Monday, November 12, 2012

International Students Contribute More than $21.8 Billion to the U.S. Economy

WASHINGTON, November 12, 2012 – International students and their families contributed more than $21.8 billion to the U.S. economy during the 2011–2012 academic year, according to a new NAFSA report released todayCalifornia, New York, and Texas welcomed the largest numbers of international students, and those and other states across the country saw substantial benefits from spending by these students and their families on living expenses, tuition, and fees.
 “International students bring important economic benefits to the United States. They bring incalculable academic value to U.S. colleges and universities and cultural value to local communities as international enrollments grow,” said NAFSA Executive Director and CEO Marlene M. Johnson. “However, there is much more we can do as a nation to promote student exchange and study abroad and this data clearly points to the potential future benefit of a cohesive and proactive international education strategy for our nation.”
·        See NAFSA’s new international student spending data by state, congressional district, and top receiving institutions of higher education.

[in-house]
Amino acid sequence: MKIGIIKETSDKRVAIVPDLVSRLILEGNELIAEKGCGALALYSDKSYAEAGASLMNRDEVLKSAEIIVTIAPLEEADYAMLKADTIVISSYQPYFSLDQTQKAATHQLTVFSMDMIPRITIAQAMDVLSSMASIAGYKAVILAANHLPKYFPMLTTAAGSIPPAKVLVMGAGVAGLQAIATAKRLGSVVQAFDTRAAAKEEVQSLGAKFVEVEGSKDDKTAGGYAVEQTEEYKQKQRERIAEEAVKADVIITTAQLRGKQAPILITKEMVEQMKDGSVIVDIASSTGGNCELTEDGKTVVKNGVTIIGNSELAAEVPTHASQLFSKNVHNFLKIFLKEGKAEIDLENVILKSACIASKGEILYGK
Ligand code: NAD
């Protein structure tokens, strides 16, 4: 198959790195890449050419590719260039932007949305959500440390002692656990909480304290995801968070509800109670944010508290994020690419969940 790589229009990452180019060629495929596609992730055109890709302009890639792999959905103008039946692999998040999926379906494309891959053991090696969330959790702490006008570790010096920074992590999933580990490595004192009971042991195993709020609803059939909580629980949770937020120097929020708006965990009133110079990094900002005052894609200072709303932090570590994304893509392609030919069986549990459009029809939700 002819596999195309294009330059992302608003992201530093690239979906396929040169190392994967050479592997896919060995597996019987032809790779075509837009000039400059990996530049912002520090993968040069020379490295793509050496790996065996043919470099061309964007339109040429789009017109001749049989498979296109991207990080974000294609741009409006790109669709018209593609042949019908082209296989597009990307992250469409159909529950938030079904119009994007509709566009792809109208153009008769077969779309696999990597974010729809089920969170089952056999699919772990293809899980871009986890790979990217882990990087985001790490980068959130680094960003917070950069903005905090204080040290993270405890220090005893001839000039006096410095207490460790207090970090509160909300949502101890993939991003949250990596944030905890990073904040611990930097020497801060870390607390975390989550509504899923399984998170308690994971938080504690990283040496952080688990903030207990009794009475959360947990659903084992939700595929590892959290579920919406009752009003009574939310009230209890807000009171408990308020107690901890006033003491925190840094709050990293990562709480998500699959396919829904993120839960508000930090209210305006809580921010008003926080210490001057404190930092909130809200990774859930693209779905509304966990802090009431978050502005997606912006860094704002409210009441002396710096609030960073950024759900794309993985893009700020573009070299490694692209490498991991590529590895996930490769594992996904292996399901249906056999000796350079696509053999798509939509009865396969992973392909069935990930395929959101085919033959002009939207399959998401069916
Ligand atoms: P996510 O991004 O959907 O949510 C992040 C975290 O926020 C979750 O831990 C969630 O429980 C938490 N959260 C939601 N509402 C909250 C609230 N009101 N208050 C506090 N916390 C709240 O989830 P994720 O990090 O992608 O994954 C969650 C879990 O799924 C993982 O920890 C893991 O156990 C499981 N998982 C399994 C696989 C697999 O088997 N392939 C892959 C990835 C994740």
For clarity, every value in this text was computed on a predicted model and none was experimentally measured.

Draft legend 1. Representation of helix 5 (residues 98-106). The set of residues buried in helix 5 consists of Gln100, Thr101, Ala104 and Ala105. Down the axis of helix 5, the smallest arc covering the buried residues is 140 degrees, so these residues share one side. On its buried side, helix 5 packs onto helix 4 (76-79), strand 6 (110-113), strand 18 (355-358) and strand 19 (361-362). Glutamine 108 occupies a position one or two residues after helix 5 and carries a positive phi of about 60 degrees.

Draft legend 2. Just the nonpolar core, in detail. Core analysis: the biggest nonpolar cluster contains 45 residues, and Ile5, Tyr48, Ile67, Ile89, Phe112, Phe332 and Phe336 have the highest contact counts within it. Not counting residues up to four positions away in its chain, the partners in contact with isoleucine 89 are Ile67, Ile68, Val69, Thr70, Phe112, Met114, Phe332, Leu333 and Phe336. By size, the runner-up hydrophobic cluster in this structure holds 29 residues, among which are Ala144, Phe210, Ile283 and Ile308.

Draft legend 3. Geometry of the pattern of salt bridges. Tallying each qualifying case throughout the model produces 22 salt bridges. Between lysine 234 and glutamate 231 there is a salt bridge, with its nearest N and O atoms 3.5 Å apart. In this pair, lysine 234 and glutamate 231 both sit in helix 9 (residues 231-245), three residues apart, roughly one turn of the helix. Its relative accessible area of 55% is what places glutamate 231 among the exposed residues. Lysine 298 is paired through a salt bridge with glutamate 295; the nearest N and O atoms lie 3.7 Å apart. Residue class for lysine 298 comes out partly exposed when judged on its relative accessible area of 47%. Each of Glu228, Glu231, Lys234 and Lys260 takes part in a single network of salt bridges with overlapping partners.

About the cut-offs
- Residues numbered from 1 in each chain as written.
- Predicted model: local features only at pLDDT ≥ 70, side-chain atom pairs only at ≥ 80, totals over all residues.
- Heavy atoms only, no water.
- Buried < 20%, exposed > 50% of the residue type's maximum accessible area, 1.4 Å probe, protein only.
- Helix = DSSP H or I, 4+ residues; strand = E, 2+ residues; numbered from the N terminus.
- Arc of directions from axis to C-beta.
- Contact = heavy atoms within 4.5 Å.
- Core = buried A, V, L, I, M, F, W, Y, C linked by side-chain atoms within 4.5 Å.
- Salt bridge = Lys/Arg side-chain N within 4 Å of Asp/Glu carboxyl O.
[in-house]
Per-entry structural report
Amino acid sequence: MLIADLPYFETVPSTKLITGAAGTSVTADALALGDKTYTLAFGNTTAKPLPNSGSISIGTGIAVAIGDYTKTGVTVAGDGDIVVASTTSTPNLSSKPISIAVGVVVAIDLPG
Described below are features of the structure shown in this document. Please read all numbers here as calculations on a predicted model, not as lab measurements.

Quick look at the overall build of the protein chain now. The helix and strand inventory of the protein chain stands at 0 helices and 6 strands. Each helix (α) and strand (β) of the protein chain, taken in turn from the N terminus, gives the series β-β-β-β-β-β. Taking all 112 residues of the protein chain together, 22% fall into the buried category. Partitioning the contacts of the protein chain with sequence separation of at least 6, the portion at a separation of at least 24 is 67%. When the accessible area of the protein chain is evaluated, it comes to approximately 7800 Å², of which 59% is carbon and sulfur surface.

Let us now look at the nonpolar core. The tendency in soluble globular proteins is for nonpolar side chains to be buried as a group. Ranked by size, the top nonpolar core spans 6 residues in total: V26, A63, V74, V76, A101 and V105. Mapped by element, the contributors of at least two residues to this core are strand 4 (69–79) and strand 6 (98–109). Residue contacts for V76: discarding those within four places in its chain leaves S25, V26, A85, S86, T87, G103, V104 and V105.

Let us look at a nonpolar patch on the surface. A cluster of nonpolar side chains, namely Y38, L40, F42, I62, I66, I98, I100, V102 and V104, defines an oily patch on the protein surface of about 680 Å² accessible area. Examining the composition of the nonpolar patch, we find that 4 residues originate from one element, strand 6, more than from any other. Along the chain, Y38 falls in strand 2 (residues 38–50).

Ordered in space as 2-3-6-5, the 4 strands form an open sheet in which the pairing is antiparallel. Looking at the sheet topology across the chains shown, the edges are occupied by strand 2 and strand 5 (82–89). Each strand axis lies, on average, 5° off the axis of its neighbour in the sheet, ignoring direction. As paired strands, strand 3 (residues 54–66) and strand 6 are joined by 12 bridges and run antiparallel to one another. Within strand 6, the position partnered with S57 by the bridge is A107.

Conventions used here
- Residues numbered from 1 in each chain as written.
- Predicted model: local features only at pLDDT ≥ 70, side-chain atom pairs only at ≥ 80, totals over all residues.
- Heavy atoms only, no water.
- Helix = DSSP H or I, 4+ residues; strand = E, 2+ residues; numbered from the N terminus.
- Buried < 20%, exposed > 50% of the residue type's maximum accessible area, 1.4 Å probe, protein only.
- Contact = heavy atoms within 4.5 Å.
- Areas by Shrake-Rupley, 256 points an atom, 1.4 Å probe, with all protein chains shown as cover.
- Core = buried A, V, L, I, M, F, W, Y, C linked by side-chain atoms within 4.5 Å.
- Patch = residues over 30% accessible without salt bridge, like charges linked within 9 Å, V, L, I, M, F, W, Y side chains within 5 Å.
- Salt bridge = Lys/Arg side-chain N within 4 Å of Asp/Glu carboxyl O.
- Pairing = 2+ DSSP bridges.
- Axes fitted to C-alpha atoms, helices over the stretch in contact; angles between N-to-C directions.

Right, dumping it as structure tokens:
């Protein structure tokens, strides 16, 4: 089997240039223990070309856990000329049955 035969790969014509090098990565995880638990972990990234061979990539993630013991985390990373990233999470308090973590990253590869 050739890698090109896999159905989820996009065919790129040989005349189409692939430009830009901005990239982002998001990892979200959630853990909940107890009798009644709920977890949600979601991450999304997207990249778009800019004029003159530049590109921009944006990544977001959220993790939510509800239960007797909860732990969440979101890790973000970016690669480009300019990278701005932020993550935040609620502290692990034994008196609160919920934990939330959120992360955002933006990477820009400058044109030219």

·        View results of a snapshot survey of international student enrollments conducted by NAFSA and seven other higher-education and international-education organizations.

The economic impact analysis was conducted for NAFSA by Jason Baumgartner, director of information services, Indiana University-Bloomington’s Office of International Services, using tuition and living expense data provided by Wintergreen Orchard House, a leading college data provider, and foreign student enrollment data provided by the Institute of International Education’s annual “Open Doors” report.
Study Abroad Numbers Released
The numbers of American students studying abroad increased to 273,996 during the 2010-11 academic year, up by 1.25 percent from 270,604 in 2009-10, according to figures released today by the Institute of International Education. Fewer than 2 percent of all American college students study abroad.
·        NAFSA's new report provides a breakdown of the percentage of college students in each state who studied abroad in 2010–2011, allowing institutions and state leaders to gauge how they compare with national trends.

·        NAFSA’s new study abroad demographics chart offers further data on participation trends.

 Note:  Taken from a NAFSA press release

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